As we move past the middle of the year and 2019 looms on the horizon, a wealth of midyear real estate market data has become available. The California Association of Realtors (CAR) has released their June 2018 California Housing Market Update. In addition, we can look to other sources for information on the Sacramento region, such as Zillow and Trulia, and the Sacramento Association of Realtors (SAR).

2018 State of the Residential Real Estate Market in Sacramento and California

Prices continue to climb across California, and in Sacramento in particular.

According to SAR, the median sales price of homes in Sacramento held steady at $375,000, with a year-to-date median of $364,000. In June 2017, the median sales price was just shy of $350,000.

California-wide, CAR’s median sales price reached a new record high of $602,760, an increase of nearly $50,000 over June 2017. The median price per square reached $290 (versus $270 in June 2017), the highest since December 2007.

Housing inventory is extremely low, well within the territory of a seller’s market.

Typically, anything less than six months of unsold inventory on the market is indicative of a seller’s market. In June 2018, CAR’s unsold inventory index for the state indicated that there was 3 months of inventory. This is an increase of 0.3 months over June 2017, but still very low. However, this is tilted in favor of lower cost homes. There is currently a glut of very high-end homes, with 7.8 months of inventory available for homes over $3 million.

Meanwhile, housing inventory in Sacramento County and West Sacramento is incredibly tight, with only 1.5 months of inventory as of June 2018. Supply was by far the greatest for homes over $1,000,000, with 5.8 months of inventory, while no single price bracket below $450,000 had more than 1.4 months of inventory.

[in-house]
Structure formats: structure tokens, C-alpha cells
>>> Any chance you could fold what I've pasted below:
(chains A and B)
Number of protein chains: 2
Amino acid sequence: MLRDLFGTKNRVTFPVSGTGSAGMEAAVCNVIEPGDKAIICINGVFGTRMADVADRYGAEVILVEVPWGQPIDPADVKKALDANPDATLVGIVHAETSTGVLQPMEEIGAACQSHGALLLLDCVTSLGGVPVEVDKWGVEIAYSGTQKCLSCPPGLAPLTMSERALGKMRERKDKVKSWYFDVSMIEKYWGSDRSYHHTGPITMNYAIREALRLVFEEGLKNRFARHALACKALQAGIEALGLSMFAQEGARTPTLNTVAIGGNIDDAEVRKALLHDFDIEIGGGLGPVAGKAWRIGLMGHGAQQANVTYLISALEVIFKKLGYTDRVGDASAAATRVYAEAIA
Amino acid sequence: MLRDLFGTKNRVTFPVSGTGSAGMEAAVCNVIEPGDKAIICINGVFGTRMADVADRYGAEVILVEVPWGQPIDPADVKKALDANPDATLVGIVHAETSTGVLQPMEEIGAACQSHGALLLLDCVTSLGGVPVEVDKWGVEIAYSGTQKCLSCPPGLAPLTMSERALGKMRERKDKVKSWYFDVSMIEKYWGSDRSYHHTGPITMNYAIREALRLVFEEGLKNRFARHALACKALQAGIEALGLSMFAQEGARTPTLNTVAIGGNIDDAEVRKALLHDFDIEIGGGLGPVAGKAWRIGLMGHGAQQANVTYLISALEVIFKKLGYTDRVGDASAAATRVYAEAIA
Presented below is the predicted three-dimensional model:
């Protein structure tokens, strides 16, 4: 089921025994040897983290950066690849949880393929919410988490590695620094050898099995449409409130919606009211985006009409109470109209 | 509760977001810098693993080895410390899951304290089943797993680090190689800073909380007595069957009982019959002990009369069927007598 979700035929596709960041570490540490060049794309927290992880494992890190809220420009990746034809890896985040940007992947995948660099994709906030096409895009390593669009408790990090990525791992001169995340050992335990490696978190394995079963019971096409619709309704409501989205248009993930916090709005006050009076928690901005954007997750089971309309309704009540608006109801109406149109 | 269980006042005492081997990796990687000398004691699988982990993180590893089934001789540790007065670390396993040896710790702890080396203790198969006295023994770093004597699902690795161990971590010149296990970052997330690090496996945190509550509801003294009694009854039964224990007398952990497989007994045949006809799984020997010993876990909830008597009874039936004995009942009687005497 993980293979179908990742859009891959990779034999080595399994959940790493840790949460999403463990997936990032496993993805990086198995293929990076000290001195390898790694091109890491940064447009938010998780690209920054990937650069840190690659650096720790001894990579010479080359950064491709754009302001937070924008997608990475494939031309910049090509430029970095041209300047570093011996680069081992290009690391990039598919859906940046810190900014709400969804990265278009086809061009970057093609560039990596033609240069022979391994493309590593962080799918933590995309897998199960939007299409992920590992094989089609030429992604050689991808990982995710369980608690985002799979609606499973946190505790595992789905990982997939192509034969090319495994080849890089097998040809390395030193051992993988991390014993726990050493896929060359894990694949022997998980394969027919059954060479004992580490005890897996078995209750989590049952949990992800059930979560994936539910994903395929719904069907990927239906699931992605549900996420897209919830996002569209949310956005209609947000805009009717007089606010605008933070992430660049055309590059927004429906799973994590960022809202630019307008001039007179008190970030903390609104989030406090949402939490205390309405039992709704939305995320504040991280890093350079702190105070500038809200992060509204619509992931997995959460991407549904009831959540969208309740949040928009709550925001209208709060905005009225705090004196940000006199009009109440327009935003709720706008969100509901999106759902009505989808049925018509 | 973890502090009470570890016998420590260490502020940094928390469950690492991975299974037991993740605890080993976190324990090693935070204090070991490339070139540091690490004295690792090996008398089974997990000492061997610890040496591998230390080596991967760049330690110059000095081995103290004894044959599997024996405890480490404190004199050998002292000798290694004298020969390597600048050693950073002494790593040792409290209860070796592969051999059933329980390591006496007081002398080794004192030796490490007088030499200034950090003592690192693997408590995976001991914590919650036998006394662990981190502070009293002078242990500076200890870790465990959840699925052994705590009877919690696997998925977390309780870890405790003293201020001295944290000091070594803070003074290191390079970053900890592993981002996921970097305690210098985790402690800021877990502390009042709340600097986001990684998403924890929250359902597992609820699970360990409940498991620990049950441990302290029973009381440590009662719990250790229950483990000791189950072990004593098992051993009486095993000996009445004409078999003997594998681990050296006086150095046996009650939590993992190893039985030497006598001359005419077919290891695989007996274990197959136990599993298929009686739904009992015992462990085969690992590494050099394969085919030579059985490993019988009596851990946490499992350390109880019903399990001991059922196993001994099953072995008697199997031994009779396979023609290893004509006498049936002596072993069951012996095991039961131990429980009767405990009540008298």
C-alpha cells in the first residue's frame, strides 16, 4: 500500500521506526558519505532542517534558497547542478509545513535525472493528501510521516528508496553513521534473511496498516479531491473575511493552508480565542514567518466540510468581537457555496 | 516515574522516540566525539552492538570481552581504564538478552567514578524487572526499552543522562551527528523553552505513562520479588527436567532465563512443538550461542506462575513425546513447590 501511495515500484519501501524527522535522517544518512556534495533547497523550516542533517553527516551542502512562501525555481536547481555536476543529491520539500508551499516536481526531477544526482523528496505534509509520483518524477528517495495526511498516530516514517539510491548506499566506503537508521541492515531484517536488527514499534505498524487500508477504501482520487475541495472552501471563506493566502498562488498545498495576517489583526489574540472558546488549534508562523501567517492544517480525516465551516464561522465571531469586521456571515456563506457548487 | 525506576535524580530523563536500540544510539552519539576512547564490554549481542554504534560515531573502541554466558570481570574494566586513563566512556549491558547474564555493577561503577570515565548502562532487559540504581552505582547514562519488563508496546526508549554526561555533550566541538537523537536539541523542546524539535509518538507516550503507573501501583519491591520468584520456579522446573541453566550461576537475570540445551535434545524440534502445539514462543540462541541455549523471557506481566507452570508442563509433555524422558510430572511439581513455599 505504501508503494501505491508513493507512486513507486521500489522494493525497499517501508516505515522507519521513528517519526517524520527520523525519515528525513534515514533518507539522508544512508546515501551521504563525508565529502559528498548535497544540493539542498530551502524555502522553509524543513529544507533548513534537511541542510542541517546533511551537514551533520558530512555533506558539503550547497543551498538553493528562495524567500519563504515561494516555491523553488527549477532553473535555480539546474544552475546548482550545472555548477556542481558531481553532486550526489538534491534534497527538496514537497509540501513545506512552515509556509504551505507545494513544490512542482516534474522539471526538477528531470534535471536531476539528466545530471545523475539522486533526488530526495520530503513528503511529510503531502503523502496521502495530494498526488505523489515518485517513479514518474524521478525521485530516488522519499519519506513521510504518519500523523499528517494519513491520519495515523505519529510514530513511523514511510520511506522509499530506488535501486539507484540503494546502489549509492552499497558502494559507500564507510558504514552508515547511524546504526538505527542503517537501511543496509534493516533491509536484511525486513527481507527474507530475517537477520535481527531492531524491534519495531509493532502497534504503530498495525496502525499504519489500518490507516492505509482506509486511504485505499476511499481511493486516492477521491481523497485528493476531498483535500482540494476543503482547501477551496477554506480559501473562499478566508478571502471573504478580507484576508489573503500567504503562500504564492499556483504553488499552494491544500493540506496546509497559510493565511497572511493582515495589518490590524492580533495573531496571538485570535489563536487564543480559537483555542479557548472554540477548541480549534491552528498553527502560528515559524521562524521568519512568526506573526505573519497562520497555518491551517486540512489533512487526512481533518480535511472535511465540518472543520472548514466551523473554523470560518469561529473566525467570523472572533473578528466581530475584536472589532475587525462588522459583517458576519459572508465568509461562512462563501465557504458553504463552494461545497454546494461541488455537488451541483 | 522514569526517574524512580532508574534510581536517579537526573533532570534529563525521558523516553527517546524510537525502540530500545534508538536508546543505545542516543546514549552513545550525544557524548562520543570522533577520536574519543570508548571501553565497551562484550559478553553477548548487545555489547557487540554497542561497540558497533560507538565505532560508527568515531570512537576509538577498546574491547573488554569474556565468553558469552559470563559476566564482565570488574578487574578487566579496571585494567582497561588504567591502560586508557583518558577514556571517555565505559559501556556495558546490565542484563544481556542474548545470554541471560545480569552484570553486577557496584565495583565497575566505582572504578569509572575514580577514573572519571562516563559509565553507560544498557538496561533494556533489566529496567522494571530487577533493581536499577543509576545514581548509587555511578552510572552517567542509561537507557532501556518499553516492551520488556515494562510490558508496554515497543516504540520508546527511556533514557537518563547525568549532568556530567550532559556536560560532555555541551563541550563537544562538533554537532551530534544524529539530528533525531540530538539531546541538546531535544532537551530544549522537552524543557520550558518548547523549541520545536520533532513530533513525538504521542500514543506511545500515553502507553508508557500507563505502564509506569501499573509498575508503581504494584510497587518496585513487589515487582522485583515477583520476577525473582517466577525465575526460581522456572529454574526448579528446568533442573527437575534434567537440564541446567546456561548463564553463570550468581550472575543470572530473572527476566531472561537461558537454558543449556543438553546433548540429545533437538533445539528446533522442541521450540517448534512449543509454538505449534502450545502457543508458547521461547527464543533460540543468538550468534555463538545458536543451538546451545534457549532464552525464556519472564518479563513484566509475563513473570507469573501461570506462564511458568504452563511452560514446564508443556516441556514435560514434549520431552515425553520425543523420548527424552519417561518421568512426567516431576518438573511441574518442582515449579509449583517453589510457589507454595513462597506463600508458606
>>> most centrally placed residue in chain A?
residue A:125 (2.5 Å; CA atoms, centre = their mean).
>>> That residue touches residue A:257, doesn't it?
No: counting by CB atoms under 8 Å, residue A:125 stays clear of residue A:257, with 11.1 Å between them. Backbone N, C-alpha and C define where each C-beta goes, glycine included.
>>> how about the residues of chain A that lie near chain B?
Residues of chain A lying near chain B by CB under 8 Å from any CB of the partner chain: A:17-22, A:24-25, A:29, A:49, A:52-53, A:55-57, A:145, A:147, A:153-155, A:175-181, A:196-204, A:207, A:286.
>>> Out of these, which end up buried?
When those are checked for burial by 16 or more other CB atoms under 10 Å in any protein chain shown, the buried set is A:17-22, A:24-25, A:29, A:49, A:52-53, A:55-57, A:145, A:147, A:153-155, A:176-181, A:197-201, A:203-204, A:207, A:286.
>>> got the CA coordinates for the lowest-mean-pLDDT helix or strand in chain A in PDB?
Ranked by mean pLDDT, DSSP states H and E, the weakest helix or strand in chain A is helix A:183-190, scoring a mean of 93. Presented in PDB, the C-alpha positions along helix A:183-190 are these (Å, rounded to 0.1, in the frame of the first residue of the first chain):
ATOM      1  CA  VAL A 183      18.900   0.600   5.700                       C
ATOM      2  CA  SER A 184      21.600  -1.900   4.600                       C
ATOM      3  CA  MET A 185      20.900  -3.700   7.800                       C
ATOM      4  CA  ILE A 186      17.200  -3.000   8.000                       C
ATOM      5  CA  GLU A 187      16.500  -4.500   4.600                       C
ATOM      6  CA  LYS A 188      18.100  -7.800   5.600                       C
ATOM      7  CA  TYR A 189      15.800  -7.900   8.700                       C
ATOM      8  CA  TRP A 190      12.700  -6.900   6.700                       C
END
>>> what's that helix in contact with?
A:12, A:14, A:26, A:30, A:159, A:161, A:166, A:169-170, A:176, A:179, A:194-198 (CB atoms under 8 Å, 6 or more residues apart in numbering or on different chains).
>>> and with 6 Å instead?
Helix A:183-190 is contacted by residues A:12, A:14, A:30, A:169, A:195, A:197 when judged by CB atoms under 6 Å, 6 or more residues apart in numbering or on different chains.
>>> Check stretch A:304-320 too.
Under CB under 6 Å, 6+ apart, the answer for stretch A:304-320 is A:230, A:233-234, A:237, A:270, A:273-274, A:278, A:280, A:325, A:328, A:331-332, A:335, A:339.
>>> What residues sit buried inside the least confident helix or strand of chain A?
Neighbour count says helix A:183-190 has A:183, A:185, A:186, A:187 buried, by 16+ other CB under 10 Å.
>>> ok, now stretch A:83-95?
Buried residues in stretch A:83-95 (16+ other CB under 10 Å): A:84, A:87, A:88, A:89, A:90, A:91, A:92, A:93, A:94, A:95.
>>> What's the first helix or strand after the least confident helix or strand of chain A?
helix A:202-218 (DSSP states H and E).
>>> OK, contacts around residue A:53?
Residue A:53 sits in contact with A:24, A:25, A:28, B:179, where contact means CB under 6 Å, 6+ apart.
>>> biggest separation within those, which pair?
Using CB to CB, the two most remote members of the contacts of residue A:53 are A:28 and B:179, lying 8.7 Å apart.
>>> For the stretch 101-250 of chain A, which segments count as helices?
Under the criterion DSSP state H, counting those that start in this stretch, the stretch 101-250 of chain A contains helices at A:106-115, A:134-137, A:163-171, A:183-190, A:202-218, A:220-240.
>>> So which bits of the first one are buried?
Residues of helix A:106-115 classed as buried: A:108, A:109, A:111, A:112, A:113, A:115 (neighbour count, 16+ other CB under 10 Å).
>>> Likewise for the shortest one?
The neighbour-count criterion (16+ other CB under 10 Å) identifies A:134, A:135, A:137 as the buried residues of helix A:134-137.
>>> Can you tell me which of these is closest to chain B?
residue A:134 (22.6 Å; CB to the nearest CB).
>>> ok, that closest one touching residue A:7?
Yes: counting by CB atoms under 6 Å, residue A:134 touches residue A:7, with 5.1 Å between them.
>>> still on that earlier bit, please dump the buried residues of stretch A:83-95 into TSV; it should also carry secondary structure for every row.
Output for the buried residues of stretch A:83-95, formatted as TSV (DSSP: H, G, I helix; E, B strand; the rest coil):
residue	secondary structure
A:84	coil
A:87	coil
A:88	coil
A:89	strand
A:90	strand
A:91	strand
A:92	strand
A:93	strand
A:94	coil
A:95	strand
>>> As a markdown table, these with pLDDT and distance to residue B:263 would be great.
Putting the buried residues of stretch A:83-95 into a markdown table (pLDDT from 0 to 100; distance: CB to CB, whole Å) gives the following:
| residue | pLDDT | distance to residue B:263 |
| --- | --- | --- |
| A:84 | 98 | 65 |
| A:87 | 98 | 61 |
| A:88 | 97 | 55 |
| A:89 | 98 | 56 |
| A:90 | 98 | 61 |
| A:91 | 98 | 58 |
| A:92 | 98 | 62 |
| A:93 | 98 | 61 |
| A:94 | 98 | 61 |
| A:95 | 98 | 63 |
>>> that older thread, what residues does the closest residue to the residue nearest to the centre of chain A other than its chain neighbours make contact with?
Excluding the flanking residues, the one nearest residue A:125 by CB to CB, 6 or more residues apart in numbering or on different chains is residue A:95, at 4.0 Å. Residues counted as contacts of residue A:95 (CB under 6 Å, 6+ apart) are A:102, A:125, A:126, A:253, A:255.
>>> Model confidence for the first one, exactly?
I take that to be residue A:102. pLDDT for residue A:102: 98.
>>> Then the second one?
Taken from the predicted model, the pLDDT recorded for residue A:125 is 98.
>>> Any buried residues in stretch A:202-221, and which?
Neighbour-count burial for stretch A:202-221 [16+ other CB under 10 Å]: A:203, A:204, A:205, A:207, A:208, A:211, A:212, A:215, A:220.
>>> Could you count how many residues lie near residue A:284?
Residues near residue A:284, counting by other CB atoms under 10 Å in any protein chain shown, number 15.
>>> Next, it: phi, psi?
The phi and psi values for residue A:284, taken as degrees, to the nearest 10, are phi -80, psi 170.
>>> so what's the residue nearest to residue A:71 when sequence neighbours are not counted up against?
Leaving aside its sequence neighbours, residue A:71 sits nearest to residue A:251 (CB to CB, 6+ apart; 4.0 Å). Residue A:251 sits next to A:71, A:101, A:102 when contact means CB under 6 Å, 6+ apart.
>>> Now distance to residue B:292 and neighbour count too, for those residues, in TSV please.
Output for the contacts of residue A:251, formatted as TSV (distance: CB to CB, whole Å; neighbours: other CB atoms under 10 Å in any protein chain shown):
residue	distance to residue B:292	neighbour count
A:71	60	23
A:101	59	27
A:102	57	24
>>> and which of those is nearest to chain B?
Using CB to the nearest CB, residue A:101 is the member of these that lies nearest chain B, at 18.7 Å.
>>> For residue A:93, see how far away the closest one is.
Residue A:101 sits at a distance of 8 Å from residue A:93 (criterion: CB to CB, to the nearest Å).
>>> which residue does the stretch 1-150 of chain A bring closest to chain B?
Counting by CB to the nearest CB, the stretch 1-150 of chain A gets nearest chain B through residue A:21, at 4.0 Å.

S acramento County - Months of Real Estate Inventory as of June 2018

As inventory continues to be scarce, sales volume has declined throughout California.

410,800 SFRs were sold in 2018, a decline of more than 7% versus the previous June. This decline was felt most keenly in Southern California, where sales dropped by 12% YOY. This continues a trend going back to the beginning of the year. Meanwhile, the Bay Area experienced an 8% decline, and the Central Valley a decline of 6%.

YOY sales also declined in Sacramento—though by a far lesser degree that elsewhere—dropping by just over 3%.

This decline in volume correlates heavily with listing prices. Statewide, sales volumes declined YOY for every price segment except homes over $1 million.

Throughout California, the median time on market has reached almost record lows, with Sacramento outpacing the state average.

Since 2005, the record low time-on-market figure is approximately 14 days, achieved in mid-2017. While this figure subsequently jumped to more than 30 days, we have experienced a steady decline. In June 2018 the median DOM reached 15 days.

In Sacramento, more than 80% of properties have been on the market less than 30 days, and more than 92% have been on the market less than 60 days. Overall, the median DOM was 10 days in June, a slight increase from 9 days in May.

Having just come through a period of significant price appreciation, and with the Fed set to increase the prime rate again, prices are overdue for a reversal.

Statewide, we have seen a seasonal decline in prices every fall since 2010. Between the nearly 10% increase in price, and the Federal Reserve signaling they would raise rates in September and December, there is no reason to believe that we won’t experience a similar correction over the next few months.

Higher interest rates will likely have a major impact on the market. It will become more difficult for new buyers, and those looking to upgrade, to afford current prices. We expect the current trend for days-on-market to reverse, and inventory on the market will continue to increase.

Of course, this is educated guesswork based upon the data on hand and previous historic trends. We will continue to watch the markets closely and react as necessary for the benefit of both borrowers and investors.